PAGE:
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Publication numberUS6258868 B1
Publication typeGrant
Application numberUS 09/268,863
Publication dateJul 10, 2001
Filing dateMar 15, 1999
Priority dateMar 15, 1999
Fee statusLapsed
Also published asCA2361326A1, CN1187398C, CN1343228A, DE60004182D1, DE60004182T2, EP1161486A1, EP1161486B1, WO2000055241A1
Publication number09268863, 268863, US 6258868 B1, US 6258868B1, US-B1-6258868, US6258868 B1, US6258868B1
InventorsPeter Heymann
Original AssigneeGerro Plast Gmbh
Export CitationBiBTeX, EndNote, RefMan
External Links: USPTO, USPTO Assignment, Espacenet
Foam material
US 6258868 B1
Abstract
Polystyrene-based foam material for the production of for example label material, wherein the foaming has been made with a blowing agent and preferably a nucleating agent, wherein the blowing agent is for example a decomposable blowing agent (chemical blowing agent) or consists of for example carbon dioxide, nitrogen gas or even water, and with a thermoplastic elastomeric blend composition consisting of at least one styrenic block copolymer and one homogeneously branched ethylene-interpolymer.
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Claims(22)
What is claimed is:
1. Polystyrene-based foam material, wherein foaming is effected with a blowing agent, wherein the blowing agent is a decomposable blowing agent, carbon dioxide, nitrogen gas or water, with a thermoplastic elastomeric blend composition consisting of at least one styrenic block copolymer and one homogeneously branched ethylene-interpolymer.
2. Foam according to claim 1, having a density of lower than 0.8 g/cm3.
3. Foam according to claim 2, having a density of 0.06-0.75 g/cm3.
4. Foam according to claim 1 having a thickness of lower than 0.7 mm.
5. Foam according to claim 1 having a thickness of lower than 0.2 mm.
6. Foam according to claim 5, having a thickness of 0.06-0.195 mm.
7. A foam material comprising a thermoplastic elastomeric blend composition consisting of at least one styrenic block copolymer and one homogeneously branched ethylene-interpolymer, said elastomeric blend composition foamed with a blowing agent.
8. The foam material of claim 7, further comprising a nucleating agent.
9. The foam material of claim 8, wherein said nucleating agent is selected from talc, sodium carbonate, ammonium carbonate, calcium carbonate, clay or citric acid.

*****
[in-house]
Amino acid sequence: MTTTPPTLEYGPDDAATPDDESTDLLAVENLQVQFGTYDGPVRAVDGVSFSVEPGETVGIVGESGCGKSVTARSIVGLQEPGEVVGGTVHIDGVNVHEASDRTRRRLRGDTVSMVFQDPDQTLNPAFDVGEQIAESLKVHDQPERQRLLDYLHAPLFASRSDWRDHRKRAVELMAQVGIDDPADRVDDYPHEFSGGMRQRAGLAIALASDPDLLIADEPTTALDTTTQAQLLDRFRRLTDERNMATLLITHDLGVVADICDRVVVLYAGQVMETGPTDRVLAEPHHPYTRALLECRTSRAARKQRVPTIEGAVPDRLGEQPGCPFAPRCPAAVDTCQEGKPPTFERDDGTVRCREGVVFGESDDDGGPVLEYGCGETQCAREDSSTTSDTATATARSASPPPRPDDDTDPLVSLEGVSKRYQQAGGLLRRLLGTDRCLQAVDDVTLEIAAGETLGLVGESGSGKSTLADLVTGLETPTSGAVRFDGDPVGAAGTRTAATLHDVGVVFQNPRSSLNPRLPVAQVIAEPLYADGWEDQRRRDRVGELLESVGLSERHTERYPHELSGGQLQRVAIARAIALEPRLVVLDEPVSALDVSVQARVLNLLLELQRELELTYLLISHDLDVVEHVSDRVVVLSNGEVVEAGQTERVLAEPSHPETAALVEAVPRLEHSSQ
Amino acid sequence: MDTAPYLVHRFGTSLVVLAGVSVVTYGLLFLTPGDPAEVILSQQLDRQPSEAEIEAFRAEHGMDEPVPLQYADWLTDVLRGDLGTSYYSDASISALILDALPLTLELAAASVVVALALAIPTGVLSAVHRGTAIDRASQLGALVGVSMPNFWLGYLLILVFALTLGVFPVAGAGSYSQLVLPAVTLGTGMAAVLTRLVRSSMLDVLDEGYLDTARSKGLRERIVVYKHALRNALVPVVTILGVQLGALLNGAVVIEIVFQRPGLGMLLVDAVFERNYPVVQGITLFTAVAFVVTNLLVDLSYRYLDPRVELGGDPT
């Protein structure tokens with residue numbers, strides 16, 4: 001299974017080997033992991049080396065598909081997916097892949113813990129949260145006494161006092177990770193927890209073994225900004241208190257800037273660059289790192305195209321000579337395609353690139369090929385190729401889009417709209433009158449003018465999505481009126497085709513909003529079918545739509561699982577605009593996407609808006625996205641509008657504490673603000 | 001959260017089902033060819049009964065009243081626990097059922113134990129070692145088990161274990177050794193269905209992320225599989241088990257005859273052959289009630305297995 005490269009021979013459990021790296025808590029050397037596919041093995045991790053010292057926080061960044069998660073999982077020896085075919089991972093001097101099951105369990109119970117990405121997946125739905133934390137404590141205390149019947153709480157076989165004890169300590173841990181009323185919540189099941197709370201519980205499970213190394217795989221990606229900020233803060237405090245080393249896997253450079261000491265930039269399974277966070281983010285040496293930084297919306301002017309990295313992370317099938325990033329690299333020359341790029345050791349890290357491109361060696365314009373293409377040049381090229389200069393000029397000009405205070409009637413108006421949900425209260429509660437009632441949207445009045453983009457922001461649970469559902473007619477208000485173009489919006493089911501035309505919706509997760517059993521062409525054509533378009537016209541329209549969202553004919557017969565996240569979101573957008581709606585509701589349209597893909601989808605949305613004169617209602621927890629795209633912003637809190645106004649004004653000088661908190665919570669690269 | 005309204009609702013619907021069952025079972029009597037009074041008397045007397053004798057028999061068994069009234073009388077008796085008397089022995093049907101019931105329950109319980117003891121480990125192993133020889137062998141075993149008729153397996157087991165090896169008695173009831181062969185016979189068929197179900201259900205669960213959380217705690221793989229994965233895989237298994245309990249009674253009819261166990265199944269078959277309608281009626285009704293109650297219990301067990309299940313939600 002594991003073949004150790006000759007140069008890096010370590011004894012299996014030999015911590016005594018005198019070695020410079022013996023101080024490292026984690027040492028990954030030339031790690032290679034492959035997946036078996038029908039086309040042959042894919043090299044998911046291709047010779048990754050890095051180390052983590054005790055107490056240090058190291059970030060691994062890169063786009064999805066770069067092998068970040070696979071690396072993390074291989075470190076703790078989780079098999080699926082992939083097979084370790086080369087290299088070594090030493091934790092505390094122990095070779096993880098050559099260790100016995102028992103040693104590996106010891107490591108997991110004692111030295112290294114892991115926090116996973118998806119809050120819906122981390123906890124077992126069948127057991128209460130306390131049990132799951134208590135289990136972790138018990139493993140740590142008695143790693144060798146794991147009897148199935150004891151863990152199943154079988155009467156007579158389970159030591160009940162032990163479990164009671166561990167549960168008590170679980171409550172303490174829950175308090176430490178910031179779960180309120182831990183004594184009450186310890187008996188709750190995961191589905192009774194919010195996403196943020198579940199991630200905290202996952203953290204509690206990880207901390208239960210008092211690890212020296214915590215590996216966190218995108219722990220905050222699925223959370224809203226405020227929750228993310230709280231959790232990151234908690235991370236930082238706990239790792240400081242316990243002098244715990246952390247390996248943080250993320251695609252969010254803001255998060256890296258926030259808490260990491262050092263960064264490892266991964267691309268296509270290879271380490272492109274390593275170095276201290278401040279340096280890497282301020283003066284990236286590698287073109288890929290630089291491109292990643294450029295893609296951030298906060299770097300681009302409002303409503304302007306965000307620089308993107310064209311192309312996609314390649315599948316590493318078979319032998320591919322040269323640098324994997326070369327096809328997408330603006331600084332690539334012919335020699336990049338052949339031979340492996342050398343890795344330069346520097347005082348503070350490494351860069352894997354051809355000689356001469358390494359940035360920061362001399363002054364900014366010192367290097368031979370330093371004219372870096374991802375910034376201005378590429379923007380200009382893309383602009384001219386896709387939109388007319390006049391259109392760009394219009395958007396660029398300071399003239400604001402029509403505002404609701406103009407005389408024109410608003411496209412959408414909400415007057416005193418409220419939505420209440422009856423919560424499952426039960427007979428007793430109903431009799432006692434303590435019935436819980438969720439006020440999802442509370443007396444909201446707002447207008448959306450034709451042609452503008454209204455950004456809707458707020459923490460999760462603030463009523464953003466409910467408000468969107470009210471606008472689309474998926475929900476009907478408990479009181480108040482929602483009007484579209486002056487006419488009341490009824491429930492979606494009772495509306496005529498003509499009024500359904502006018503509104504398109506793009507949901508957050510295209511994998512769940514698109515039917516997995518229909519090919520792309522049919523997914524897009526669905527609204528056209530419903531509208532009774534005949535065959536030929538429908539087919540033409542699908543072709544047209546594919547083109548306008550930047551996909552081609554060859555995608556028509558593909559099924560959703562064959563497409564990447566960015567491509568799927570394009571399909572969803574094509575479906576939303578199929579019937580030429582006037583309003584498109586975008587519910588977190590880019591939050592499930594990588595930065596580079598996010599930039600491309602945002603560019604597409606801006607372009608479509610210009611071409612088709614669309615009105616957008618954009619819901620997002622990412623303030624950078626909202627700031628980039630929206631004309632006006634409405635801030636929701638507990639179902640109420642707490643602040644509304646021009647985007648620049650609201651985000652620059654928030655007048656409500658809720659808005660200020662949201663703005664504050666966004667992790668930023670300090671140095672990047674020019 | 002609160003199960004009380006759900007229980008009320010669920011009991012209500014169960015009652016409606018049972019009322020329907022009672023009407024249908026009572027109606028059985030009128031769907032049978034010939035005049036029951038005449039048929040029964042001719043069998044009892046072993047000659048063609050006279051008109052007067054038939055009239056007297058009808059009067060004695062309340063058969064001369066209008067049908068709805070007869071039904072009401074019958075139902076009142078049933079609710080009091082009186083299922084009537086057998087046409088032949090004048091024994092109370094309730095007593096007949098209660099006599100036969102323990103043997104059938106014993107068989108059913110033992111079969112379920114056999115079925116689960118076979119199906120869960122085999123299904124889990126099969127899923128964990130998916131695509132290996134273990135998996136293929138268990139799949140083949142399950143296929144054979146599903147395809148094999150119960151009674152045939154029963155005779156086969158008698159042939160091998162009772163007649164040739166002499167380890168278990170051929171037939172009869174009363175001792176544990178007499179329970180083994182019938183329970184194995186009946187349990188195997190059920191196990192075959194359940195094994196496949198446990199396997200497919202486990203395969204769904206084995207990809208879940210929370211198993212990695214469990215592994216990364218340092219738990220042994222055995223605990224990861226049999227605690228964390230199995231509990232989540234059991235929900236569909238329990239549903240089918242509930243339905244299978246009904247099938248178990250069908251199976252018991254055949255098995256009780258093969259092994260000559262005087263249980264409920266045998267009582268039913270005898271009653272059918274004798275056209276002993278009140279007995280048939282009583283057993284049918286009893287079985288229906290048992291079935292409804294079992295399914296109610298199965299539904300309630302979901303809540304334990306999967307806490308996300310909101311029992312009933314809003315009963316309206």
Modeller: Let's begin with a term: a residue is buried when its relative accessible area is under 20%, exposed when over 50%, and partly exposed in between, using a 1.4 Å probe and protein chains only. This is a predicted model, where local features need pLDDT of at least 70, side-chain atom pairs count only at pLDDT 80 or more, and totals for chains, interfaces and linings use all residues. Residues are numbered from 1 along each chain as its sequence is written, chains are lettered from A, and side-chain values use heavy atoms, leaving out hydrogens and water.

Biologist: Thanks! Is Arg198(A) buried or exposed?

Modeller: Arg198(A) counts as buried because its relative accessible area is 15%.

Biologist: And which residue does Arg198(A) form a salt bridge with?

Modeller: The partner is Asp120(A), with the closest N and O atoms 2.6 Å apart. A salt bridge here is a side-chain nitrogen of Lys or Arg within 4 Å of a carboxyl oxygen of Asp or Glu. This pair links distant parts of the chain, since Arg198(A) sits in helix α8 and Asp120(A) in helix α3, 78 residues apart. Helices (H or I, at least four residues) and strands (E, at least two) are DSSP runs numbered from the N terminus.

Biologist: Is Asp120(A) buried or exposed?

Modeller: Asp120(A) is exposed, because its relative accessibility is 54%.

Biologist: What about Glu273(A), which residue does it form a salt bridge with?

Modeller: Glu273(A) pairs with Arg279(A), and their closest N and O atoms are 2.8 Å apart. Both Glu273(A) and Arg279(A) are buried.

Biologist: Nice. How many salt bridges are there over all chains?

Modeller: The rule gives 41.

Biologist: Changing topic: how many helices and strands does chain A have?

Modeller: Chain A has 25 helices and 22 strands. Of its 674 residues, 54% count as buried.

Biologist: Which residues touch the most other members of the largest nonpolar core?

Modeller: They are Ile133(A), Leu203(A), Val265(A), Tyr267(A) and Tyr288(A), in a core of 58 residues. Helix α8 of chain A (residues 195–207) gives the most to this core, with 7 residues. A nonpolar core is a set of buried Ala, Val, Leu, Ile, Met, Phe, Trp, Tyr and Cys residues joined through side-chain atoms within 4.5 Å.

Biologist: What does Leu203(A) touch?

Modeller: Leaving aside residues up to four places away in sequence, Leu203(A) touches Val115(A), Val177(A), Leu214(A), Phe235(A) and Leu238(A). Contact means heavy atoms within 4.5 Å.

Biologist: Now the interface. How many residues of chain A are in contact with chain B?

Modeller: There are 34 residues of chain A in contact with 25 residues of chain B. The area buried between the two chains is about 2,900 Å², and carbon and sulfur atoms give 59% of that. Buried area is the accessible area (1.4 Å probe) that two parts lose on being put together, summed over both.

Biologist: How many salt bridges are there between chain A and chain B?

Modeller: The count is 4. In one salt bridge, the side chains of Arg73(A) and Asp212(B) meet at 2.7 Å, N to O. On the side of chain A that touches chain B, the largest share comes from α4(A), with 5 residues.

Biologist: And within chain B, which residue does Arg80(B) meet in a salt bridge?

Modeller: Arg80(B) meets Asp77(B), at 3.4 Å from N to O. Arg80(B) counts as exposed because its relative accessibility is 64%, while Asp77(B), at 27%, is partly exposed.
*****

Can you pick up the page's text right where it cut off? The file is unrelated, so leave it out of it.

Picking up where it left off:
10. The foam material of claim 8, wherein said blowing agent is a decomposable blowing agent.
11. The foam material of claim 8, wherein said blowing agent is selected from carbon dioxide, nitrogen gas or water.
12. The foam material of claim 8, wherein said nucleating agent is present at a concentration of from about 0.01 weight percent to about 2.0 weight percent.
13. The foam material of claim 12, wherein said styrenic block copolymer and said homogeneously branched ethylene-interpolymer are present in said elastomeric blend composition in a ratio of from about 40:60 to about 99:1, respectively.
14. The foam material of claim 13, wherein said styrenic block copolymer and said homogeneously branched ethylene-interpolymer are present in said elastomeric blend composition in a ratio of from about 60:40 to about 85:15, respectively.
15. The foam material of claim 14, wherein said styrenic block copolymer and said homogeneously branched ethylene-interpolymer are present in said elastomeric blend composition in a ratio of from about 70:30 to about 85:15, respectively.
16. The foam material of claim 13, having a density less than 0.8 g/cm3.
17. The foam material of claim 16, having a density from about 0.6 to about 0.75 g/cm3.
18. The foam material of claim 16, having a thickness less than 0.4 mm.
19. The foam material of claim 18, having a thickness less than 0.2 mm.
20. The foam material of claim 19, having a thickness of from about 0.06 to about 0.195 mm.
21. Foam according to claim 1 having a thickness of lower than 0.5 mm.
22. Foam according to claim 1 having a thickness of lower than 0.4 mm.
Description
FIELD AND BACKGROUND OF THE INVENTION

The invention is concerned with a polystyrene-based foam and a method to produce such foam for the production f.e. of label material.

Such foams are known in various embodiments. Reference is made for example to DE-A1 40 11 003. This state of the art refers to a foam, which has recently been developed in order to avoid CFCs by using blowing agents in form of hydrocarbons, carbondioxides, nitrogenes, combinations thereof etc. Before, is has also been known to produce foams using chemical blowing agents together with nucleating agents, see for example EP-A3-055 437.

A technical problem with such polystyrene-based foams is especially their brittleness, resulting in easy tearing and inferior elasticity. In order to improve these properties, it has already been proposed to put the polystyrene-based foam as one layer in a multi-layer foam, with one of the layers being a polyolefinic layer. However, this is affected with comparatively high production costs and extrusion problems. As it is often desired, for recycling purposes, to have only one kind of material, such multi-layer foam consisting of different plastic materials, may create also problems.